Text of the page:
There are second-graders touring the library today, and my first thought is how cute they are; they’re just a few months older than my niece, and it makes me happy to see kids her age. There’s a little girl scratching another girl’s back, almost maternally, which kills me. One little blonde girl is holding her teacher’s hand.
Then I remember, suddenly, what I can’t see from the outside—that these sweet-looking children have their own hierarchy, a social structure that probably makes some of them dread going to school. I remember what elementary school was like for me, and I realize that although I can’t tell who is who, some of these kids are bullies; some are taking their place as the “cool” ones; and some of these adorable, tiny children have already learned how arbitrarily cruel people are.
I started this post a while ago and left it sitting as a draft, and now I can’t remember why I named it “Bubble Girl.” Maybe I was thinking that I need a bubble, only to keep out feelings instead of germs.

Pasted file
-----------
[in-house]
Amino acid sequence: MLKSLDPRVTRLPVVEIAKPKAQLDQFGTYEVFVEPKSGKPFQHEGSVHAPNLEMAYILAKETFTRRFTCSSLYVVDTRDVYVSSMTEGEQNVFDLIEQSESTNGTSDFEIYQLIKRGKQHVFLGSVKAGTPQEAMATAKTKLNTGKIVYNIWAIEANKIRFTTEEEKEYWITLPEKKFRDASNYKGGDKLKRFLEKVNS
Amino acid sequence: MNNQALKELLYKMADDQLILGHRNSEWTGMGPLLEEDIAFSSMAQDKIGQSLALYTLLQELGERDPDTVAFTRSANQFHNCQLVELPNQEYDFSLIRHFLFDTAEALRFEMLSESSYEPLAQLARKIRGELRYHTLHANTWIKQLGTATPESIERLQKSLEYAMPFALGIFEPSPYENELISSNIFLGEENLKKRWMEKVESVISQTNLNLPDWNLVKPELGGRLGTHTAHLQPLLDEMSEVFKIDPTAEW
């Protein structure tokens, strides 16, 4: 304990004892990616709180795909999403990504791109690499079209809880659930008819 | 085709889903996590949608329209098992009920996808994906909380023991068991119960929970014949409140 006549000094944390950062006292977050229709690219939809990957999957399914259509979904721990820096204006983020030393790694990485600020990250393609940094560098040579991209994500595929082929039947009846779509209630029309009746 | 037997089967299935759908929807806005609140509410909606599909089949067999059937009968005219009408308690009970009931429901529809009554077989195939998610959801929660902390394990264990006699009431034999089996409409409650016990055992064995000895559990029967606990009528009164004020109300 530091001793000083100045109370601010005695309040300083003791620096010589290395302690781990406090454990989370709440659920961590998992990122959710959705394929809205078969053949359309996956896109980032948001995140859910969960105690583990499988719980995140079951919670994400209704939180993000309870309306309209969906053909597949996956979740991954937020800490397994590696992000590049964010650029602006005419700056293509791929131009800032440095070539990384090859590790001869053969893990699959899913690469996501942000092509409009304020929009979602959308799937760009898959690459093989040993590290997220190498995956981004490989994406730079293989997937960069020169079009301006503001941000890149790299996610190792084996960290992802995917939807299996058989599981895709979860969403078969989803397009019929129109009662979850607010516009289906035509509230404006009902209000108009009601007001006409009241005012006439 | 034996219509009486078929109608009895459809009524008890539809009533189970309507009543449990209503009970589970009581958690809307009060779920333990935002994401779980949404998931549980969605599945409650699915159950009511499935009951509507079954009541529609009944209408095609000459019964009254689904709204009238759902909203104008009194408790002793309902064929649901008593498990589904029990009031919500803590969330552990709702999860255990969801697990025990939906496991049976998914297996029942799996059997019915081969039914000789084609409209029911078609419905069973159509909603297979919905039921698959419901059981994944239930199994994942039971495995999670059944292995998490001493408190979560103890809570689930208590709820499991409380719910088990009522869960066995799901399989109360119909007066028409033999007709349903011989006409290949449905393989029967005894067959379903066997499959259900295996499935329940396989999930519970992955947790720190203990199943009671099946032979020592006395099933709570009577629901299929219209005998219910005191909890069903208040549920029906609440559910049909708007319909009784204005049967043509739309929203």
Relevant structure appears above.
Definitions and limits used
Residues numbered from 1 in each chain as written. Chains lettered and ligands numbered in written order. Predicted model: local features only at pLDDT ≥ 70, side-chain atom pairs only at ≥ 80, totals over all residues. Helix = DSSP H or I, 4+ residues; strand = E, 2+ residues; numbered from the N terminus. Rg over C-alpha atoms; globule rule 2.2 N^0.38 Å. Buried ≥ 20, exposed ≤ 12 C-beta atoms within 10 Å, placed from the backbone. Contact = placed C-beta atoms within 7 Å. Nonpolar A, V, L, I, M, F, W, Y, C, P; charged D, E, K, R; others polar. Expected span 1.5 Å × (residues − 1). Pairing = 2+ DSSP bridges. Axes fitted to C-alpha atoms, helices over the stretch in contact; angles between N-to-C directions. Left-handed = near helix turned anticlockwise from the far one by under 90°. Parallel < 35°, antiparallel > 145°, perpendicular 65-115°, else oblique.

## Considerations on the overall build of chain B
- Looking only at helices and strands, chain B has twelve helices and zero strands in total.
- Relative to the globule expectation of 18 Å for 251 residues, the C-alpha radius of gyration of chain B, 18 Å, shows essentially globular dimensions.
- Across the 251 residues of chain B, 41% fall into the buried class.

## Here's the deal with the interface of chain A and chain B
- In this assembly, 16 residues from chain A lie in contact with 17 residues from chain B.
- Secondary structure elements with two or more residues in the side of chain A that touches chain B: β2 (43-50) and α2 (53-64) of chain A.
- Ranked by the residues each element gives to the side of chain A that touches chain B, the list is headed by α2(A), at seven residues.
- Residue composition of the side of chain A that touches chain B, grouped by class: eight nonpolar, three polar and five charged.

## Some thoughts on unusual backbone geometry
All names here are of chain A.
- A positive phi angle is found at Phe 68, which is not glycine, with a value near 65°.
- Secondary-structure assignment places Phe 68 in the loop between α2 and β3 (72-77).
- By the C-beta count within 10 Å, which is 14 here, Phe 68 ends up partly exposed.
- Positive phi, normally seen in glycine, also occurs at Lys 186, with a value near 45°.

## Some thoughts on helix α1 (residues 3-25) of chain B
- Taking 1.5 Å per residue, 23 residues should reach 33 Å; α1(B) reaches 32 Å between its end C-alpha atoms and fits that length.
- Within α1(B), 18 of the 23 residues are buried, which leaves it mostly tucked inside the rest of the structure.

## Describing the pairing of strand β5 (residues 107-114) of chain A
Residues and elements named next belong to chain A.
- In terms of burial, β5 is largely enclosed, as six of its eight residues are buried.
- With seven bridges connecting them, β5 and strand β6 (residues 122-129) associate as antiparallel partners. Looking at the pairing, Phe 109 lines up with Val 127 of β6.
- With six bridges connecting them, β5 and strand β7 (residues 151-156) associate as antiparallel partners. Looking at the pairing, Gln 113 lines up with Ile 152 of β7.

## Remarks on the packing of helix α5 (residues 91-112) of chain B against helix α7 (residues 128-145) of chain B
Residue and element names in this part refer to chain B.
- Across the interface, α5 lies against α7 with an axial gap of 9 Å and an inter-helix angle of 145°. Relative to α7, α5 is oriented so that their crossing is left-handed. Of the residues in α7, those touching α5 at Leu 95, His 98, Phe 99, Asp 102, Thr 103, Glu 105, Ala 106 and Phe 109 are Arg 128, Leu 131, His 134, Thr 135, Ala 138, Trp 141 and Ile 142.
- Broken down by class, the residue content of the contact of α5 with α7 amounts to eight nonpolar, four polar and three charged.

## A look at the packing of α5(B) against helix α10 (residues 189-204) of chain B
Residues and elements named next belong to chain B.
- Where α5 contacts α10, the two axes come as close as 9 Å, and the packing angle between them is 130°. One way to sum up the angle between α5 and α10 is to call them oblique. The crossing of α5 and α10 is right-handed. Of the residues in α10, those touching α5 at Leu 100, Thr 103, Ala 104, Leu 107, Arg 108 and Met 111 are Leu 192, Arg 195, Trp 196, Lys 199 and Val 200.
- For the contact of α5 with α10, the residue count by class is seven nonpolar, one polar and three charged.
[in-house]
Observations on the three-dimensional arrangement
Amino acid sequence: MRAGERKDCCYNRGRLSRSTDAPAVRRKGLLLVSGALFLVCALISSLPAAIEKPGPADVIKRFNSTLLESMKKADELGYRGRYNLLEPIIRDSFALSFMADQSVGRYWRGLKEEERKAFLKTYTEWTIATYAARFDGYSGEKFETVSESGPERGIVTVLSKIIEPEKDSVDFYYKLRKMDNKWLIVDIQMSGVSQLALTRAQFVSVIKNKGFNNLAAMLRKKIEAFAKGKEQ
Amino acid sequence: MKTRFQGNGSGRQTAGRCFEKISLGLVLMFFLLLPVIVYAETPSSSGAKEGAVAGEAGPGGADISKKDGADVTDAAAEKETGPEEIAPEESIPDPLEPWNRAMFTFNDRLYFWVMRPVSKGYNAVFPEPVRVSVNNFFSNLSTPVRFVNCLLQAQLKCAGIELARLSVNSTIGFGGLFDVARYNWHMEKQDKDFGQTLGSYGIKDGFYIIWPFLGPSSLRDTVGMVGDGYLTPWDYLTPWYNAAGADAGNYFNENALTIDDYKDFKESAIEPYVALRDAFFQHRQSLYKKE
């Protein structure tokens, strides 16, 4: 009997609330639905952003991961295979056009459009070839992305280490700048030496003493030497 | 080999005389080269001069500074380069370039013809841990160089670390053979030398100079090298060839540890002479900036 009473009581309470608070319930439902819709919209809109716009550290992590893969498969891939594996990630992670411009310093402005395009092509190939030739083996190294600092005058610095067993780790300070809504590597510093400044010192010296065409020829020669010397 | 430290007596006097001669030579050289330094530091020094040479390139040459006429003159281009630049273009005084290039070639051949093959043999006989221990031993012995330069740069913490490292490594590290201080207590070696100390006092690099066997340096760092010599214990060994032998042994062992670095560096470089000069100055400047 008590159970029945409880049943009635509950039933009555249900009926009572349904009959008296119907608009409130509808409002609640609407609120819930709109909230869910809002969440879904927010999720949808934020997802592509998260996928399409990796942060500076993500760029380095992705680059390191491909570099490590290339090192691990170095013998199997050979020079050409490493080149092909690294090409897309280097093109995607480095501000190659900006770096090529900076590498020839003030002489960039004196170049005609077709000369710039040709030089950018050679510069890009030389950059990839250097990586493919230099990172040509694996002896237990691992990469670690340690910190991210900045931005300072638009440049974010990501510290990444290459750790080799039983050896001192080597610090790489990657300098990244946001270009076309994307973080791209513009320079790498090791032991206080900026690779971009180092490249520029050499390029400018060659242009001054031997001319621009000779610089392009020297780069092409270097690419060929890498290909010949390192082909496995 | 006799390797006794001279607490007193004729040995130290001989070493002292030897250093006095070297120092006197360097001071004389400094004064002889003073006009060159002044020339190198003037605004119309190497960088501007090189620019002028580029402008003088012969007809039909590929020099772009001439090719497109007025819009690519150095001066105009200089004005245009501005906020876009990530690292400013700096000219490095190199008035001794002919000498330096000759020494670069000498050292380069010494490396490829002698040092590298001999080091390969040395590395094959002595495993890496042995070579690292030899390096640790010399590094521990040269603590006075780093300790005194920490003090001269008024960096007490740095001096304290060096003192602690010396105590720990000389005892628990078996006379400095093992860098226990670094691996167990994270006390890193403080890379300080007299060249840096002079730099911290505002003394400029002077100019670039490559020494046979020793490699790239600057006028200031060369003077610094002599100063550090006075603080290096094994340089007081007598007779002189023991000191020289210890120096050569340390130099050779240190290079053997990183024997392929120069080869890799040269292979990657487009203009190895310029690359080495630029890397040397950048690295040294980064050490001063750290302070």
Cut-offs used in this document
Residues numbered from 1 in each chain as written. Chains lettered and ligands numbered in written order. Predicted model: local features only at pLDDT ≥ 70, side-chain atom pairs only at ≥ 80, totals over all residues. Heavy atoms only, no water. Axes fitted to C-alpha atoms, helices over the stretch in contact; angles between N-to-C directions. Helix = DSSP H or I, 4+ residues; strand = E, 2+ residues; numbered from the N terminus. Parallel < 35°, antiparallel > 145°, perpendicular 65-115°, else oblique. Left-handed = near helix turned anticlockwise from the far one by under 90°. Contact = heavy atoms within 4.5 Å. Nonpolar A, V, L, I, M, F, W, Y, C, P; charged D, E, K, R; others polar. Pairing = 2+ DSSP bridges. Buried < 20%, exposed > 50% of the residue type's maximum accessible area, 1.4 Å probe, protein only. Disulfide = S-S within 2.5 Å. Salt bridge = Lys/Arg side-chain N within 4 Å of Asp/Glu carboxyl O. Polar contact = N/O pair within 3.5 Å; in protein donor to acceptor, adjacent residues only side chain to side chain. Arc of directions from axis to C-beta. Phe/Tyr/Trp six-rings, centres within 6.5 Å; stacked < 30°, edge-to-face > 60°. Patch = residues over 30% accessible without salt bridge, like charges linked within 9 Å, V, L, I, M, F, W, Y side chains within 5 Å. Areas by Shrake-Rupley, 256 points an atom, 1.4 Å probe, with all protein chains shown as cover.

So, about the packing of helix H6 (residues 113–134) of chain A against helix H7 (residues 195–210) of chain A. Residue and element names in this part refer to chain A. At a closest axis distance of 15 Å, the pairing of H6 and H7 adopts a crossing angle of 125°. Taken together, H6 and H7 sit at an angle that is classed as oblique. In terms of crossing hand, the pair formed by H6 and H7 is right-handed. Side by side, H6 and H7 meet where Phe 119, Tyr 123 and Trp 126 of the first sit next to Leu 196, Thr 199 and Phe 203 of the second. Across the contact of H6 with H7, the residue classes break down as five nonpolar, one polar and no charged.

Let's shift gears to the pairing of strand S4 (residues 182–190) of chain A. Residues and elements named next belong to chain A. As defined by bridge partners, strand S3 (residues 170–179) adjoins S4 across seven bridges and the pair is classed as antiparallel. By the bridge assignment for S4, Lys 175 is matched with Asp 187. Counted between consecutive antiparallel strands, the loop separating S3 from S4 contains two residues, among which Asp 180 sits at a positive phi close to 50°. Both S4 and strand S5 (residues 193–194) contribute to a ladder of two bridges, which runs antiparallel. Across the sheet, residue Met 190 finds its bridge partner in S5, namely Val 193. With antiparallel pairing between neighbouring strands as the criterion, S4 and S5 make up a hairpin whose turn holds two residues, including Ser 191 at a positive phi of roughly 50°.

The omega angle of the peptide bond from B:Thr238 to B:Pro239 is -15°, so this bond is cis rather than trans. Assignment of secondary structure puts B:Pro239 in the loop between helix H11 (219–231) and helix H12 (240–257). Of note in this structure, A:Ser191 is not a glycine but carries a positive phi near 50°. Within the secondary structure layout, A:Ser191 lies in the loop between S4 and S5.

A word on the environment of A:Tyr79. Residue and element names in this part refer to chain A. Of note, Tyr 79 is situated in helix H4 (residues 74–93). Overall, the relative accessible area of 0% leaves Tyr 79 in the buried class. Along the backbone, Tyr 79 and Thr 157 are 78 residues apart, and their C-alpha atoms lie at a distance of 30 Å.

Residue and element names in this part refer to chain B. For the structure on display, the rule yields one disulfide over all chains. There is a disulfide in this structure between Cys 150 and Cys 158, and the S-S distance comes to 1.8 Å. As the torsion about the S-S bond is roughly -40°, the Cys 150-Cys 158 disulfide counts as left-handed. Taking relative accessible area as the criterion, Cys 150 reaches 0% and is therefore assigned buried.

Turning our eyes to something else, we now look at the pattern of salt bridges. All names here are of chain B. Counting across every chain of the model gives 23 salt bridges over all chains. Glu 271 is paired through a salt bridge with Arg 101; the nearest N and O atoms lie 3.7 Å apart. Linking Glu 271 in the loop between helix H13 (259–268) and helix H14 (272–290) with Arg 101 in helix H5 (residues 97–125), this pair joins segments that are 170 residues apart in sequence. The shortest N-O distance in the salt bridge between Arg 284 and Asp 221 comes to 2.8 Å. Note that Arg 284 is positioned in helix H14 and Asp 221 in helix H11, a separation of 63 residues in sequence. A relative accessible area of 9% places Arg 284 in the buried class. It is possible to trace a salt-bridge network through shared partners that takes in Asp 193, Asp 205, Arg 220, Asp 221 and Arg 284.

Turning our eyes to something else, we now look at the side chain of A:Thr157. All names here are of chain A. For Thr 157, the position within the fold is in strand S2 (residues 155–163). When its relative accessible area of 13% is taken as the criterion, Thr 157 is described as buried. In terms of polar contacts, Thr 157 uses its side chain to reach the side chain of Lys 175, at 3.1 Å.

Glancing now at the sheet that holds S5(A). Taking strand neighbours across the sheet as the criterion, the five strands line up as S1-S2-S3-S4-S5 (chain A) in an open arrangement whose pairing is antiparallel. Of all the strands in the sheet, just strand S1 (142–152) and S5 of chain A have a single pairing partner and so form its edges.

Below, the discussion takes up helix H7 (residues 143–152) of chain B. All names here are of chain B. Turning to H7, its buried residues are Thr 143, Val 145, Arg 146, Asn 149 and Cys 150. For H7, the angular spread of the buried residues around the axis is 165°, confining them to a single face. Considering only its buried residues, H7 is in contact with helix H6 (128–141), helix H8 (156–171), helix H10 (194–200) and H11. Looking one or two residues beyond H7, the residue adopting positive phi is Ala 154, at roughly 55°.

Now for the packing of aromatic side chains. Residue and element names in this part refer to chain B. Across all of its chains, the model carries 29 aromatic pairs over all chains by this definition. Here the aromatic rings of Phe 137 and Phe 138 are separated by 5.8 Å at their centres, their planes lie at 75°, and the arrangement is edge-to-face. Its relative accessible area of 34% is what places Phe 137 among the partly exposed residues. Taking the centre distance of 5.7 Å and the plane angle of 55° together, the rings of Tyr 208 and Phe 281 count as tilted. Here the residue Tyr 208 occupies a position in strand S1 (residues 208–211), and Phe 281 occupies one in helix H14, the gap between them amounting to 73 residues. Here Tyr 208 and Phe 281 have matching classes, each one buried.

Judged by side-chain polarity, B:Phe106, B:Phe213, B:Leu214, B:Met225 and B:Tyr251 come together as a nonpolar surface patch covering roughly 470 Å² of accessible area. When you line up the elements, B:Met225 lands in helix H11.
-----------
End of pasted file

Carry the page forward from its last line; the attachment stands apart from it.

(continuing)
I just had the most beautiful flash of a memory from childhood—that time around sixth or seventh grade, before you’ve totally grown out of your actual child-ness and into a teenager. I was in the backyard of the house we lived in when we first moved to Texas. Our backyard was an acre, the front half just grass and a trampoline, the back half our own little forest of oak and pecan trees, and for just a little while, there was a time when we had a hammock. I remember a day in the fall, the sharp white rope digging into my skin, looking up through the leaves with a book in my hands.
(Not fall, but you can see the hammock.)
Adults like to romanticize childhood as free from responsibility, based on the fact that kids don’t have to pay bills, but if you think about it—childhood is nothing but adults making you do things you don’t want to do. Actually, there’s a good chance I was supposed to be doing something else, probably mowing the lawn or cleaning my room with my sisters. But I wouldn’t have been thinking about that. Back then, when I read a book, I was in it. I could sit in the living room with my five siblings running around chasing each other, shouting, fighting, and watching Power Rangers—but I’d be aware of none of it. I miss that, almost as much as I miss the trees.
I really miss those trees.